CCP Awarded Five-Year, $35 Million Project in Uganda

CCP has received a $35 million, five-year award from USAID for an innovative integrated social and behavior change project in Uganda.
Photo courtesy USAID

The Johns Hopkins Center for Communication Programs has received a $35 million, five-year award from the United States Agency for International Development for an innovative integrated social and behavior change project in Uganda.

The project, called the Social Behavior Change Activity (SBCA), has a strong emphasis on capacity strengthening to enable Uganda’s social and behavior change practitioners to create and implement their own programs based on their needs.

“It is designed to be a collaborative, co-owned process to further strengthen the way SBC work is done across Uganda,” says Susan Krenn, CCP’s executive director. “Our mandate is to work hand-in-hand with partners, civil society organizations and governments at multiple levels throughout the country, to facilitate their ability to use evidence and tailor it to the needs of different groups in areas from health to hygiene to education.”

CCP’s partners on the project are World Vision, Inc., the Busara Center for Behavioral Economics, the Medical Concierge Group, and Women Influencing Health, Education, and Rule of Law (WI-HER).

With more than three-quarters of the population under the age of 30, Uganda – with its population of nearly 43 million – is one of the youngest countries in the world. Their ability to thrive is the key to Uganda’s success.

Data show a powerful role for social and behavior change in many of Uganda’s most pressing health challenges. For example, most caregivers sought care for children with pneumonia and fever (80 percent and 81 percent, respectively), but a low percentage of children with diarrhea received oral rehydrating solution (47 percent) and their full course of basic vaccines (55 percent).

To help find solutions for Uganda’s future, SBCA will focus on the areas and intersections of family planning and reproductive health; HIV/AIDS; malaria; nutrition; maternal, neonatal and child health; water, sanitation and hygiene; and emerging pandemic threats, including the potential to support the COVID-19 response in the country as needed.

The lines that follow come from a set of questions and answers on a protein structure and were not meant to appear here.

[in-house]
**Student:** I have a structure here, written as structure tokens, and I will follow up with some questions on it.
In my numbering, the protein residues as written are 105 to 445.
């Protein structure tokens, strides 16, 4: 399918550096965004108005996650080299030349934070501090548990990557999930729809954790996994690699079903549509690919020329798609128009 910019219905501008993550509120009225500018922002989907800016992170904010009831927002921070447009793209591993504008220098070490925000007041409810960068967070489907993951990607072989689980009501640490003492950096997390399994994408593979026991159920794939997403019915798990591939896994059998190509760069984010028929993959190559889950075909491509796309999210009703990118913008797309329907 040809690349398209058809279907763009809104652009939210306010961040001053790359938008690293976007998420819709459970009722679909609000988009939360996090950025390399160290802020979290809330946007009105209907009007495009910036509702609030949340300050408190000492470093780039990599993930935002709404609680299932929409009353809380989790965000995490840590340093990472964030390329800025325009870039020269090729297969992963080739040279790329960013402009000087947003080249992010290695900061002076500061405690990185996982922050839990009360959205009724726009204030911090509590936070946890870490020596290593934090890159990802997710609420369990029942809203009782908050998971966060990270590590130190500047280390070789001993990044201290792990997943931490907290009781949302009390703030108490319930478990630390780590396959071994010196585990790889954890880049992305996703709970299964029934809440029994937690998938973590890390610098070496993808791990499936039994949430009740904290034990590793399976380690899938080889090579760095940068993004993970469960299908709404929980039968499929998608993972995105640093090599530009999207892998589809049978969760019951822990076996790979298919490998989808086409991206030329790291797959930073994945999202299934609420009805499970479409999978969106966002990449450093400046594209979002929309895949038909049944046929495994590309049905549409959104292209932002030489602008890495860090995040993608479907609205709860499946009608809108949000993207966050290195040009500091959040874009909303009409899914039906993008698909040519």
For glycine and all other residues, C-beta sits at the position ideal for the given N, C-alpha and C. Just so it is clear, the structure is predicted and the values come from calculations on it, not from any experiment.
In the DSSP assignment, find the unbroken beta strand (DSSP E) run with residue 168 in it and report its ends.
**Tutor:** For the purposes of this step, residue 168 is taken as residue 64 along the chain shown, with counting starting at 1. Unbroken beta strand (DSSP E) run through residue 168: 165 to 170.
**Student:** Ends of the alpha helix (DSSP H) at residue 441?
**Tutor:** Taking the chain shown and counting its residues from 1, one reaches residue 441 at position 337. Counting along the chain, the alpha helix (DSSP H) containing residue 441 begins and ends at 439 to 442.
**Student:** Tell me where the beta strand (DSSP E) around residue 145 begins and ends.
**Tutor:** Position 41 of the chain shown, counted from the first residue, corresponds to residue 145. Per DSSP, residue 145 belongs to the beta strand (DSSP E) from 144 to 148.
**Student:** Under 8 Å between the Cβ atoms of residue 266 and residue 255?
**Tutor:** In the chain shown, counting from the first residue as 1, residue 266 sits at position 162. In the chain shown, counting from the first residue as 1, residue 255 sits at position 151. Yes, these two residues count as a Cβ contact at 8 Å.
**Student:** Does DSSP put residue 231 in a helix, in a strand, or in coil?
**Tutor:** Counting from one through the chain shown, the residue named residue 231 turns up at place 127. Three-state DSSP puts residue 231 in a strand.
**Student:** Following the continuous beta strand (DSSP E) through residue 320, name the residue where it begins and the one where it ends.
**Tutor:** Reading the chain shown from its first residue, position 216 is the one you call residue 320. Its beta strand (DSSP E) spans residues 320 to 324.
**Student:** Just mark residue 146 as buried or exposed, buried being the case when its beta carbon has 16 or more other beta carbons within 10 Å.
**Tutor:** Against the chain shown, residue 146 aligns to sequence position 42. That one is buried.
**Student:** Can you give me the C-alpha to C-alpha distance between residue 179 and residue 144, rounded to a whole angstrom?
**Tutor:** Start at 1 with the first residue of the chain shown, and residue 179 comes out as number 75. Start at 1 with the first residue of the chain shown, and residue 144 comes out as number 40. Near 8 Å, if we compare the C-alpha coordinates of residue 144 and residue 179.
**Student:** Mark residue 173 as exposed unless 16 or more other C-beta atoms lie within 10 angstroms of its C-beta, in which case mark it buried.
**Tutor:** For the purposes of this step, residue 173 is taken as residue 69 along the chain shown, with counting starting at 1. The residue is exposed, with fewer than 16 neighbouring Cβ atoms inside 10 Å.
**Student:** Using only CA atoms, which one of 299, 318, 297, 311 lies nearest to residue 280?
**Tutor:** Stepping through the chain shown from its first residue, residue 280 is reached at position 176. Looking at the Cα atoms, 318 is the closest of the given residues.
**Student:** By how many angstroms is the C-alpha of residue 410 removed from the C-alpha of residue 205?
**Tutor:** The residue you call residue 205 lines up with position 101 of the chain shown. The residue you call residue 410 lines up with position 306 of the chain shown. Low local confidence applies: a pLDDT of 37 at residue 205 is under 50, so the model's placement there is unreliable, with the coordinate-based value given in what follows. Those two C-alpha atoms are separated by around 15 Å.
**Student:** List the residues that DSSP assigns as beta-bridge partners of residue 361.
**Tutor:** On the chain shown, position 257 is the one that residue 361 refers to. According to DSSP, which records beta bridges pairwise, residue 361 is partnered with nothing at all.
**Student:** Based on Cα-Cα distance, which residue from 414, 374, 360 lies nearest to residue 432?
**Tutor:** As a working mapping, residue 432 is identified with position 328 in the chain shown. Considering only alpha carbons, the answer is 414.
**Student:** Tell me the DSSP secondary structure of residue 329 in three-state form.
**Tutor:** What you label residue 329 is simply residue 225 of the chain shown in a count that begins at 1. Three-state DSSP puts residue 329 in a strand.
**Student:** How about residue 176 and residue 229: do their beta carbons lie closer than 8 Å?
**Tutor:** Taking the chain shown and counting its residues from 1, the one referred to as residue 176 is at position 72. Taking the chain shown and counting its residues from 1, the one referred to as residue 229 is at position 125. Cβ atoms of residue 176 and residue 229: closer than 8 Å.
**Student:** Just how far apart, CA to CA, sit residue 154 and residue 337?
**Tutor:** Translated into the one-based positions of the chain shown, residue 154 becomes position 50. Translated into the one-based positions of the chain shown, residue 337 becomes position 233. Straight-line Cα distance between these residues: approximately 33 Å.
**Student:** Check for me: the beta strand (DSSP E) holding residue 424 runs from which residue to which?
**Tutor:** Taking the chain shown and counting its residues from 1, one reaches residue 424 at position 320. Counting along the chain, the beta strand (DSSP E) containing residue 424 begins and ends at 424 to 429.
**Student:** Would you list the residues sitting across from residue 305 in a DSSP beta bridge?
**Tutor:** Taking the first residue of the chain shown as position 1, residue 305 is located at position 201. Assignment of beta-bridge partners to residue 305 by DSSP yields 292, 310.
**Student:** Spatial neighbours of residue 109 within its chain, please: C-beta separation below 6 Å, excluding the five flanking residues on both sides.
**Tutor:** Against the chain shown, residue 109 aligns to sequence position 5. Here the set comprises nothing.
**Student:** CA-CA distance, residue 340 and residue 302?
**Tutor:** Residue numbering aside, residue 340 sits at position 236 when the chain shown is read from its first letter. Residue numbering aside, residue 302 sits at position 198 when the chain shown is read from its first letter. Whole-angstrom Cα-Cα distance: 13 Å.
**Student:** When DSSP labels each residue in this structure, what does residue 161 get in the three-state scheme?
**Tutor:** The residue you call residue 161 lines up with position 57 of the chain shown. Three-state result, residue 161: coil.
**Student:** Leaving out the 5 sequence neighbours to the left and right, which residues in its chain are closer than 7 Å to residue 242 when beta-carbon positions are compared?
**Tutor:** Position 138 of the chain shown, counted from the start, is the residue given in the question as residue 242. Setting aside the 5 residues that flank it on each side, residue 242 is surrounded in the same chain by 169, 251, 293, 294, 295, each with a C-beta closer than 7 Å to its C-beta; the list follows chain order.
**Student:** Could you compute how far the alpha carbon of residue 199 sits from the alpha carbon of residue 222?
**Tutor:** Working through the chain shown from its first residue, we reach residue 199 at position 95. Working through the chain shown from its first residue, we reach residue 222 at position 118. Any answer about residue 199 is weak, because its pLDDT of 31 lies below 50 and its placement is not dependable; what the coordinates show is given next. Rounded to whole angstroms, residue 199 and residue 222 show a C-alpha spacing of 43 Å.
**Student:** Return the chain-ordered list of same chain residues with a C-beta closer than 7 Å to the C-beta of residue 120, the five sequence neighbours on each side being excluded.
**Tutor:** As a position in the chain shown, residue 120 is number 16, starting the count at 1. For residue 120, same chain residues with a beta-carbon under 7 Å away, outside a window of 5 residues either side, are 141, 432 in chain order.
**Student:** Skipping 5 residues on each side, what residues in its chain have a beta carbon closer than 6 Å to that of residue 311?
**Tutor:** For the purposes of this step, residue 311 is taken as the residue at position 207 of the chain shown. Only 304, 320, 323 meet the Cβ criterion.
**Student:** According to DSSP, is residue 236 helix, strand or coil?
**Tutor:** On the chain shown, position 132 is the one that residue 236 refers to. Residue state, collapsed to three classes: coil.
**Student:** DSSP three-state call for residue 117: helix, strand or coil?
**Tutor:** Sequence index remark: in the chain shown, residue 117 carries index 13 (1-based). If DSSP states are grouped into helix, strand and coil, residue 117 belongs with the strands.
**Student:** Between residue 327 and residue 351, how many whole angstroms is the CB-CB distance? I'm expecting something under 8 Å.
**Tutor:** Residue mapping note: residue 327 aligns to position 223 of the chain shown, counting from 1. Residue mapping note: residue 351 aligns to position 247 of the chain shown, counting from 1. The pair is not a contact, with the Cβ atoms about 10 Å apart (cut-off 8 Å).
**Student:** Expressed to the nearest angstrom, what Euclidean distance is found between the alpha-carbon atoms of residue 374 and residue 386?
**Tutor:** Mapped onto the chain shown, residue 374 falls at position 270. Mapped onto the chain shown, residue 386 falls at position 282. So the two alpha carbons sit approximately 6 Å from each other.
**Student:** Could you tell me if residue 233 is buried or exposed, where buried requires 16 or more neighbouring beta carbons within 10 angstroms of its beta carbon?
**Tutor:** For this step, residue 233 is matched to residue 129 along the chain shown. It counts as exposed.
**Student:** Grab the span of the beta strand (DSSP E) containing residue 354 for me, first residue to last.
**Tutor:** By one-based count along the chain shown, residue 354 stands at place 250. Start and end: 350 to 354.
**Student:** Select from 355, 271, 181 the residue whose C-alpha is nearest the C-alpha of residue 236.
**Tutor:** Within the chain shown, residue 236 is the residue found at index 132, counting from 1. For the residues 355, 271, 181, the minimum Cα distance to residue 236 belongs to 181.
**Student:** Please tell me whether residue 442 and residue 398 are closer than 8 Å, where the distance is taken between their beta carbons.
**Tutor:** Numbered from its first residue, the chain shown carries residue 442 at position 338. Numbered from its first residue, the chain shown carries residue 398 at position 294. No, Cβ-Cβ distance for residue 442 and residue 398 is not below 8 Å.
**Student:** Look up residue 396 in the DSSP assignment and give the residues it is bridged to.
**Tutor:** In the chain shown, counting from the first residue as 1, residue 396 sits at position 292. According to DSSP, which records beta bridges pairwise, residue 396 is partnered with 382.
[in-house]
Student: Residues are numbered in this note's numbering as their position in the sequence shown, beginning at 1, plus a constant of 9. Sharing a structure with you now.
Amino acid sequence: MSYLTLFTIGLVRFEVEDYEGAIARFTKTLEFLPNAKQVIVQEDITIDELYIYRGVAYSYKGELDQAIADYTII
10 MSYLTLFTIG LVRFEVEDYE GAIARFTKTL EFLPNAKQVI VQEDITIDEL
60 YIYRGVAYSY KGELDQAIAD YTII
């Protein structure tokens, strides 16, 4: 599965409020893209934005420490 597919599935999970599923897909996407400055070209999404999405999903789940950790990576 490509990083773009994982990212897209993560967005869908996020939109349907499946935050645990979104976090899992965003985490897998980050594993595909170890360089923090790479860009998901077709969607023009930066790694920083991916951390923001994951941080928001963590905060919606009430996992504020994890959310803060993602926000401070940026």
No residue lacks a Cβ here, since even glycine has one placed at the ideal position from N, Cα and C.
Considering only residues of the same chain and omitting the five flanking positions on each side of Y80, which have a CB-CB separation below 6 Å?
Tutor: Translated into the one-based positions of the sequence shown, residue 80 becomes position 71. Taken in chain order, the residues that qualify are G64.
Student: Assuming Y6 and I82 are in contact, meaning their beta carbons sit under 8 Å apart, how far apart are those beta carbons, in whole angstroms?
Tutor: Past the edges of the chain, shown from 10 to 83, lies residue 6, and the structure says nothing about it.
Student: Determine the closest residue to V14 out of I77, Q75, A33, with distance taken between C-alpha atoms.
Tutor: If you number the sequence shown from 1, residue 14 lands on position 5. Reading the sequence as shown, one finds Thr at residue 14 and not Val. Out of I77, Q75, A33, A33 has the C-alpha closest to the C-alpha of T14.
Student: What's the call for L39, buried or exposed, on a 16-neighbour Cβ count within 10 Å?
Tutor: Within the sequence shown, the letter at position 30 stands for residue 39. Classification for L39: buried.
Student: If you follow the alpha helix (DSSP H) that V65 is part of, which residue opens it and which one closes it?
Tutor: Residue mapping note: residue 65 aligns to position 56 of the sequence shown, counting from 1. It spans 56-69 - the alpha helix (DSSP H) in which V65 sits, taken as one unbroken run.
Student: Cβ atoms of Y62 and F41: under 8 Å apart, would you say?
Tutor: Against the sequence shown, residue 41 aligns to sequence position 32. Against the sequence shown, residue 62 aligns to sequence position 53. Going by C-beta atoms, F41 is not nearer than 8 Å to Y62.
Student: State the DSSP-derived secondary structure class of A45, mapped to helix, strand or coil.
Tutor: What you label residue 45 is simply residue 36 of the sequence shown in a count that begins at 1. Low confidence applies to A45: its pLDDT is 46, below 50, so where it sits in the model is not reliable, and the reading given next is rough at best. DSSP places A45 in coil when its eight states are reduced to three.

The project will have a strong monitoring, evaluation and learning component. “There will be many activities to help stakeholders better understand how people behave the way they do,” says CCP’s Arzum Ciloglu, the Baltimore-based team leader. “We will work with government and implementing partners to collect and use this information, learning together as the project evolves.”

One element of the project is a proposed “Experience Lab.” The idea is to create a space where stakeholders can take the tools created through the project and test out varied social and behavior change approaches, paired with technical support. There will also be small grants available to support the design of social and behavior change programs at all levels.

“When you talk about the journey to self-reliance, this is what it looks like in practice,” Krenn says, “not just doing the work, but working with Ugandans to create the resources, expand the skills base and strengthen the system to carry this work forward even after the project ends.”

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